Stayin’ alive

A kidney dialysis/transplant diary

A typical or atypical way to cheer up?

womanwalkingdiealysis

Take food, drink, alcohol, salt, cigarettes and – frankly – sex away from an addictive personality and what’s left to cheer you up?

Shopping!

Case in point: See the above additions to my spring wardrobe.  Might as well be political while reclining.

Yeah, I know they’re a bit macabre, but they make me smile a crooked smile and I like that.

Another mood lifter was the bright bouquet of flowers left on my desk by another coworker (who works in a different department here but who has been reading my blog) left on my desk. How nice. Lavendar and white daisies, red-tipped carnations and purple stock. All tied with a pink organza bow.

My doggy-doodoo down in the dumps mood was also slightly lifted this morning when I read there may be hope in eliminating anti-rejection drugs for kidney transplants.  That would take a huge worry physically and financially from patients.

The physical worries? Well, anti-rejection drugs suppress the immune system to keep it from trying to force the foreign organ from the body.

The drug of choice is prednisone. Here are some of the more bothersome side effects: 

These include, but are not limited to, fluid and sodium (salt) retention, high blood sugar, muscle weakness, bone disease, stomach ulcers, impaired wound healing, acne, mood swings, anxiety, cataracts, glaucoma, weight gain, hormone disorders, and growth suppression in children. — The USC Kidney Transplant Program

Not a pretty list of side effects. Almost makes one wonder if the cure is as bad as the disease. Guess I can’t say worse than the disease since untreated kidney failure means life failure.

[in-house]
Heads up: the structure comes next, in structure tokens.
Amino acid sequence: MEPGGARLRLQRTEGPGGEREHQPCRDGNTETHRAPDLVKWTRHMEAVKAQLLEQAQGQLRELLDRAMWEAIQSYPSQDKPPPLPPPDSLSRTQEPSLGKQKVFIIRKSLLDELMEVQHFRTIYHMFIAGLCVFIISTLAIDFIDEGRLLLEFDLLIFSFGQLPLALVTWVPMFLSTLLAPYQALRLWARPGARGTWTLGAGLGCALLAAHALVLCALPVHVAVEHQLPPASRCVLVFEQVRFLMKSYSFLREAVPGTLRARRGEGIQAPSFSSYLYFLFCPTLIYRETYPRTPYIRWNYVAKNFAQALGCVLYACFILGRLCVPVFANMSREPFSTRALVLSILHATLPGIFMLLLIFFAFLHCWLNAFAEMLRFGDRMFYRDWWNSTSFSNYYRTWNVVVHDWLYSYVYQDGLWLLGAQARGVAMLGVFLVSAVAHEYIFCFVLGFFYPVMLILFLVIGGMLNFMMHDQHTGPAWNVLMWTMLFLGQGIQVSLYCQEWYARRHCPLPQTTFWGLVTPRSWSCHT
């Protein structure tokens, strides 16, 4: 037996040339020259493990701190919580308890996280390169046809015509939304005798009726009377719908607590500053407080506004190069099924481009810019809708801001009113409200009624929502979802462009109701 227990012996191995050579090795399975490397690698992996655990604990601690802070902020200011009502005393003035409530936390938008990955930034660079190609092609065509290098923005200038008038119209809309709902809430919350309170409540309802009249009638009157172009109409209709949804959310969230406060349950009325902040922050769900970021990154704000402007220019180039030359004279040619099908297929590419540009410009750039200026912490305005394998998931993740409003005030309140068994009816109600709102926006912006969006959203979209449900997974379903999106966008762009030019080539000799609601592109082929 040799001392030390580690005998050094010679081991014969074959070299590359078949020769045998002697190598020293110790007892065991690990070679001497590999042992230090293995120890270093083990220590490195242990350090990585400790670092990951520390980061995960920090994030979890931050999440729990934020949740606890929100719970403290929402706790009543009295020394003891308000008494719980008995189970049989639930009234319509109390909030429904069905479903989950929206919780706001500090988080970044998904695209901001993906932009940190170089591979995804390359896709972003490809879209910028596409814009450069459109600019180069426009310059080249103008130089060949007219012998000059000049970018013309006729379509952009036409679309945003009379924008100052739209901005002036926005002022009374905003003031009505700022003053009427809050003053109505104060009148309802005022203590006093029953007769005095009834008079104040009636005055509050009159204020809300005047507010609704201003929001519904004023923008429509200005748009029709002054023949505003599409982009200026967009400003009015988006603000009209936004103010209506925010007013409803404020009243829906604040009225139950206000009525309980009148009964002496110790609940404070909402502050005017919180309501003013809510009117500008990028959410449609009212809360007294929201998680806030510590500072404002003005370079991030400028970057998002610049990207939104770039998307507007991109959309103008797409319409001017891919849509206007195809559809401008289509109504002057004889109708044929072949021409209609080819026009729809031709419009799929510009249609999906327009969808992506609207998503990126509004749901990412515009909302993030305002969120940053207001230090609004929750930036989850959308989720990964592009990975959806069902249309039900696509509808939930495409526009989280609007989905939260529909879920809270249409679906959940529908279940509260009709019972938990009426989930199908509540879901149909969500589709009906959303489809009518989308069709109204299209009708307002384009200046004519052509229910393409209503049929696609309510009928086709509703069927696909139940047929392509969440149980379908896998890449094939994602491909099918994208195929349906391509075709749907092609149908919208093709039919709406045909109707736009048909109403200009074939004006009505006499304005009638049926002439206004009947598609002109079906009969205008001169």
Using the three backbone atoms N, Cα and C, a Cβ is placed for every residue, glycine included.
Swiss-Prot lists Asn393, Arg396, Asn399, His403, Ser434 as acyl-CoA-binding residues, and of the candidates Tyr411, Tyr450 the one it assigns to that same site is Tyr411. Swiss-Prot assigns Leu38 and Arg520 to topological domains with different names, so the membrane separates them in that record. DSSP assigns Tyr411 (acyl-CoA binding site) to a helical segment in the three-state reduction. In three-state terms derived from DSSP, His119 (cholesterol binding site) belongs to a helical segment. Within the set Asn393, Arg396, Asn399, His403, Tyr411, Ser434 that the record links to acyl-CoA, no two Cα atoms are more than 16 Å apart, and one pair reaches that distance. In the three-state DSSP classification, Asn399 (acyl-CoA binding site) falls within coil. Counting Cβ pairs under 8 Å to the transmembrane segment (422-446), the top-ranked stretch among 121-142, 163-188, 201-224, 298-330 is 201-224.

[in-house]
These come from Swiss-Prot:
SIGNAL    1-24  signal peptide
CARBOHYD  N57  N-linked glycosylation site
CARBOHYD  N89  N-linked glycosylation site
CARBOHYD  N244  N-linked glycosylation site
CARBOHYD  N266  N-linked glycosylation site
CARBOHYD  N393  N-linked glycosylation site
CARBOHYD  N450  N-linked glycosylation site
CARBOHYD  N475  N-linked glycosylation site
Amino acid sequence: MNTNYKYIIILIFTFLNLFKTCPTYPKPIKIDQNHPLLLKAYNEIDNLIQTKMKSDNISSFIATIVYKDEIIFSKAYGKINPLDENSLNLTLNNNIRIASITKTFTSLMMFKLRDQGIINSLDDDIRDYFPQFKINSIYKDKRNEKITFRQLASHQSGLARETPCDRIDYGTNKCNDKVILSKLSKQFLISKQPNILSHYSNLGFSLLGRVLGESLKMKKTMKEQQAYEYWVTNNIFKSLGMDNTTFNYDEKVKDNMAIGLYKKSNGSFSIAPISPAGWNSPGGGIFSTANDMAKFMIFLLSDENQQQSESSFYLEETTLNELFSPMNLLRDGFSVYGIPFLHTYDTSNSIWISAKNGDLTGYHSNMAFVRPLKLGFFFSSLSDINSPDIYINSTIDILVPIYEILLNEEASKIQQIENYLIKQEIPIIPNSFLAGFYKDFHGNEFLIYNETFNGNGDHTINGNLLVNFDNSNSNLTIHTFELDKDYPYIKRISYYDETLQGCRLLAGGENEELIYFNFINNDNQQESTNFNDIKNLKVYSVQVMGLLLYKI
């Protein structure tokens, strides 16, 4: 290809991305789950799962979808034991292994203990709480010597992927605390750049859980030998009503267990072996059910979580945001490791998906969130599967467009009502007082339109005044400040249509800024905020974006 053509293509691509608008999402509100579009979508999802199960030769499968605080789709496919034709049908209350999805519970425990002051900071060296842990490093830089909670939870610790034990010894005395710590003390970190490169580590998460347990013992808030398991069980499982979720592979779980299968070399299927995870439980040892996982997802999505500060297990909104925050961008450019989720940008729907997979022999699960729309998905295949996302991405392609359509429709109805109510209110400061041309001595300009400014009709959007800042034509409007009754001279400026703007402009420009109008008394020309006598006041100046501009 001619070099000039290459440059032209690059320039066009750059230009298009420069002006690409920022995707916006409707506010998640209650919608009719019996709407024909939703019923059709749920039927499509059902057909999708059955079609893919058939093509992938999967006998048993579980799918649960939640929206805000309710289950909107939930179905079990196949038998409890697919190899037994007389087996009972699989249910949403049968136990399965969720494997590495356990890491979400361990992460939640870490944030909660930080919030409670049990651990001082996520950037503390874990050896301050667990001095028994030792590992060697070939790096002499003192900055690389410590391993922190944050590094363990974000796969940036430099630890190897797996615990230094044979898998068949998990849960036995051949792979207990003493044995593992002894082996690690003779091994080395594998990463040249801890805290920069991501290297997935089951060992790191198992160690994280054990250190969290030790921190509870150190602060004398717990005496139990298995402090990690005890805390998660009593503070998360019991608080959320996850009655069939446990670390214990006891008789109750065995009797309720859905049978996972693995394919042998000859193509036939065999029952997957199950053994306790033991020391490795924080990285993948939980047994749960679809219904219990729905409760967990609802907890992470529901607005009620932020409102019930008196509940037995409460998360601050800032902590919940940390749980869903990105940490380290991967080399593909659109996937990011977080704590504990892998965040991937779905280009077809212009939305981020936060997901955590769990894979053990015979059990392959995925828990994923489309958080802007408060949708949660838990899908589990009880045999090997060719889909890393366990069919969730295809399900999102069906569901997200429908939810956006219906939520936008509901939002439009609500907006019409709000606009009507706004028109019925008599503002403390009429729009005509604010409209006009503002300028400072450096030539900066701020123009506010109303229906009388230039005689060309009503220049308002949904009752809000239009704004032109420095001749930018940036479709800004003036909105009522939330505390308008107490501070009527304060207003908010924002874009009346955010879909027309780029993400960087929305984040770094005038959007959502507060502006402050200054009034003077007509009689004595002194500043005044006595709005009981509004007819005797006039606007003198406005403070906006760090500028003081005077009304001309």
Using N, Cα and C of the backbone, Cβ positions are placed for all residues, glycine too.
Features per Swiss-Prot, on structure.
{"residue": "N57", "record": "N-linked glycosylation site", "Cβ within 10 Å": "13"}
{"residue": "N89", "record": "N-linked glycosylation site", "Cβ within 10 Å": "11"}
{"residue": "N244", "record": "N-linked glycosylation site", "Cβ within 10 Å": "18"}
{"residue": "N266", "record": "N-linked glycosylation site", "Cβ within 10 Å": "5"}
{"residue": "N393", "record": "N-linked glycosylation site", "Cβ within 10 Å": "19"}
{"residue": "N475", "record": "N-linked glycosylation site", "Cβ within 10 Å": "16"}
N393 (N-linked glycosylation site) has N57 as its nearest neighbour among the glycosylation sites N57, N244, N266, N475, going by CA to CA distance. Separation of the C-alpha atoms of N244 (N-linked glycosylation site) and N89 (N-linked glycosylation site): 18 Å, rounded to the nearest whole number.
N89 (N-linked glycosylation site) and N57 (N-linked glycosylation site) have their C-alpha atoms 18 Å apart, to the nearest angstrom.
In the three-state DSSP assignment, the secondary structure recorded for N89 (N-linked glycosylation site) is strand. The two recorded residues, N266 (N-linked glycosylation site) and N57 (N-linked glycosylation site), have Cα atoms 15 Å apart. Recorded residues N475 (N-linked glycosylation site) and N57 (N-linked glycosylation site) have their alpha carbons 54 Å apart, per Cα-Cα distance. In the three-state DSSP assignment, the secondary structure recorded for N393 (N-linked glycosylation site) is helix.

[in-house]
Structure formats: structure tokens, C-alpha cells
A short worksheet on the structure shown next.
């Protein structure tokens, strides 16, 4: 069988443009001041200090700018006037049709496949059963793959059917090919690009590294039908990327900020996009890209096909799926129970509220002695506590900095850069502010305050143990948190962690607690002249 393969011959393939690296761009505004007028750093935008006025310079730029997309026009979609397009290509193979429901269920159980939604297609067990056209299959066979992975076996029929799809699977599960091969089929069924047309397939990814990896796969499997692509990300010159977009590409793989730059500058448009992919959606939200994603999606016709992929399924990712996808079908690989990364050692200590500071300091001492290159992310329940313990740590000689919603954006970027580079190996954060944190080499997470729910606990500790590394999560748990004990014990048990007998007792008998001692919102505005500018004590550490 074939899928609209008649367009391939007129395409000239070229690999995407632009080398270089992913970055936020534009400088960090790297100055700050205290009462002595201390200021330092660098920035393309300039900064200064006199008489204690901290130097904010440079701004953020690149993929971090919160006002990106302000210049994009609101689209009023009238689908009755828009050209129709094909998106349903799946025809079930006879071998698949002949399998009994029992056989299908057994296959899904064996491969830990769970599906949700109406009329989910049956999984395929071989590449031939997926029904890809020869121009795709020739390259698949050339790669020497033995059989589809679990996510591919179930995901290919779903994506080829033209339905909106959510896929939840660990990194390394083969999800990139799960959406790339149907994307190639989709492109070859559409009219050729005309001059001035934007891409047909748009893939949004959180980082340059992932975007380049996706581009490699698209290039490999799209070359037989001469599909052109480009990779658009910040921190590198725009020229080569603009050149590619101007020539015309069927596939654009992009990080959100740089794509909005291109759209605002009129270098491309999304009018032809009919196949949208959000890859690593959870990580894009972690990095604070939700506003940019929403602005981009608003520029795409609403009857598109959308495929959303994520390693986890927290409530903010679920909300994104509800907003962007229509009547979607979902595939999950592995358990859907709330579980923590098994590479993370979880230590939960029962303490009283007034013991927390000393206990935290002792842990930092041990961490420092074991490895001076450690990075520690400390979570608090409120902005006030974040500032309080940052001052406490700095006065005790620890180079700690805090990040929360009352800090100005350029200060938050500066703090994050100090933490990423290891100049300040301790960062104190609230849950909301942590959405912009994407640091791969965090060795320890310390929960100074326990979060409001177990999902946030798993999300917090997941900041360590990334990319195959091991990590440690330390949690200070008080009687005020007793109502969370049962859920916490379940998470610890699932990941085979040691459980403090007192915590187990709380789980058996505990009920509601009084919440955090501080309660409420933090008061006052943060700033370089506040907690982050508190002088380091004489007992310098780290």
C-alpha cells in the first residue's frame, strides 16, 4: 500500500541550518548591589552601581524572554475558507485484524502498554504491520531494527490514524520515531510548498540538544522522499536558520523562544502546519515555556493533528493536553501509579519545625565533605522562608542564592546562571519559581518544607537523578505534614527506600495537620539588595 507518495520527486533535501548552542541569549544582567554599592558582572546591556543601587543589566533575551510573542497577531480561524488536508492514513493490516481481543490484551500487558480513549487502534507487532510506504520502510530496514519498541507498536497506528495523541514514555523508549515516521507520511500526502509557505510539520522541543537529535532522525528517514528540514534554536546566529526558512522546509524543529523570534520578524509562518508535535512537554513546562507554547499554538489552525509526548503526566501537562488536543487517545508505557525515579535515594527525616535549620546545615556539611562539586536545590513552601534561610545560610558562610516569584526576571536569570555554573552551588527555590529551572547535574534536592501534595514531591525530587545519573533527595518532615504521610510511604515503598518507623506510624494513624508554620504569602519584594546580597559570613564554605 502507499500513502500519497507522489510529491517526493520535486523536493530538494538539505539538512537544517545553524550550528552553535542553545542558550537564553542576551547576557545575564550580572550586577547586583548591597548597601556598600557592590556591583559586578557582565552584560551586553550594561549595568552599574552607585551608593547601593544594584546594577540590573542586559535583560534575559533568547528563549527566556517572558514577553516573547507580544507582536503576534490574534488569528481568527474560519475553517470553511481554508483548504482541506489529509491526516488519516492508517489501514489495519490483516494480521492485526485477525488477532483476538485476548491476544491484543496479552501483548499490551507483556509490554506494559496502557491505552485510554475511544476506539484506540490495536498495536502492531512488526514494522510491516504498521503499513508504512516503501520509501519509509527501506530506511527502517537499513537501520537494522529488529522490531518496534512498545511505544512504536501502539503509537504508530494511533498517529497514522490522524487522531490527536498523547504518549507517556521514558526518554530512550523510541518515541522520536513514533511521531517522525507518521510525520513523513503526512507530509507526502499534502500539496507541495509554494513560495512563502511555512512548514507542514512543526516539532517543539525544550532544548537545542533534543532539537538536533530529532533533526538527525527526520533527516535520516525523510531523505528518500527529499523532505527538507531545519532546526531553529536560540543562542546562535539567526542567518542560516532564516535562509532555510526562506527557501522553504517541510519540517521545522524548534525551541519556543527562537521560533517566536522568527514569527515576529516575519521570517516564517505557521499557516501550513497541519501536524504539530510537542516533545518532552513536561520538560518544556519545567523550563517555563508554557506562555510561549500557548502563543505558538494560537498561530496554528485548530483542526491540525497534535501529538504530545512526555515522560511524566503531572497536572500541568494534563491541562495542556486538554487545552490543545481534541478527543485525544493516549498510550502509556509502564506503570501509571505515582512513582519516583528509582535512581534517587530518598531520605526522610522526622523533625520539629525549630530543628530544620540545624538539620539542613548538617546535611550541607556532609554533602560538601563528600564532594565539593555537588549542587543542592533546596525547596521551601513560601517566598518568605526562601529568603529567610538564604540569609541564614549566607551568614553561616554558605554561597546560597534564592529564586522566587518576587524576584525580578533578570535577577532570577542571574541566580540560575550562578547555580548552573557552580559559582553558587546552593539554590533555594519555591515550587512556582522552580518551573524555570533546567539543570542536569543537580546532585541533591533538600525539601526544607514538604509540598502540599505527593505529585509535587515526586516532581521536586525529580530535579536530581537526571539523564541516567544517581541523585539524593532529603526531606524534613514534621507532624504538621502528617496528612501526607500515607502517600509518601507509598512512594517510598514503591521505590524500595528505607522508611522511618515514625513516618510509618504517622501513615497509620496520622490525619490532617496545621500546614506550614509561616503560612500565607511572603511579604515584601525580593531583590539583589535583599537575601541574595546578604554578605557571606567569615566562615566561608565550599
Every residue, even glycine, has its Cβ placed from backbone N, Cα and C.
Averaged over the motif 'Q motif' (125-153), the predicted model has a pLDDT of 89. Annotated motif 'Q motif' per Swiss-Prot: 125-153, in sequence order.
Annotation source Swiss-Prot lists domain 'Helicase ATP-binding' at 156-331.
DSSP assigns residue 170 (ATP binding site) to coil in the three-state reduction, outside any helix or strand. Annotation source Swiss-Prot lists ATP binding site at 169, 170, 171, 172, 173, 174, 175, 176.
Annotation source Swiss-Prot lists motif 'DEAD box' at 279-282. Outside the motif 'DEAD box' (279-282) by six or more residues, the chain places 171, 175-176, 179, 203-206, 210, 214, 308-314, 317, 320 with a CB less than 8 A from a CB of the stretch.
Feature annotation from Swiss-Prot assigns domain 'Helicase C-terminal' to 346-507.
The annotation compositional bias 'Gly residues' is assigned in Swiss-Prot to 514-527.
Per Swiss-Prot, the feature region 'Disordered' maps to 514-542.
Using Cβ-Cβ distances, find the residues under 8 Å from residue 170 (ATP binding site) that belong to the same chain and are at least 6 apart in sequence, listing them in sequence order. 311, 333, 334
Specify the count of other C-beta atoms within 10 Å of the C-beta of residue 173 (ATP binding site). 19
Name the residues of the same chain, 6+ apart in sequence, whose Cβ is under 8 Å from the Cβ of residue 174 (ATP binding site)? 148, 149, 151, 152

So the idea that taking bone marrow from the donor to recalibrate or reprogram the recipient’s marrow manufacturing sounds pretty good to me, especially if the side effects are less or much less severe than the prednisone side effects.

The financial worries: Anti-rejection drug therapy is extremely expensive and continues — now — for the rest of the recipient’s life. We’re talking multiple thousands of dollars per month (but still cheaper than dialysis).

I’m sure Diane Langton found much irony in the release of this study information now since the recipient of her kidney, Jim Wilson, died this month. Because of his suppressed immune system, he caught a serious case of flu which ended up causing heart failure. Who knows, maybe the bone marrow treatment at the time of transplant or shortly thereafter would have saved Jim’s life.

I’m not sure the furosemide is working as well as it should, and I have limited my fluids more than usual the past couple of days, so we’ll see how dialysis goes today.  I still have a long way to go to get rid of this excess fluid.

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January 24, 2008 - Posted by | diabetes, dialysis, fistula, health, kidney, renal diet, renal recipes, transplant, weight loss

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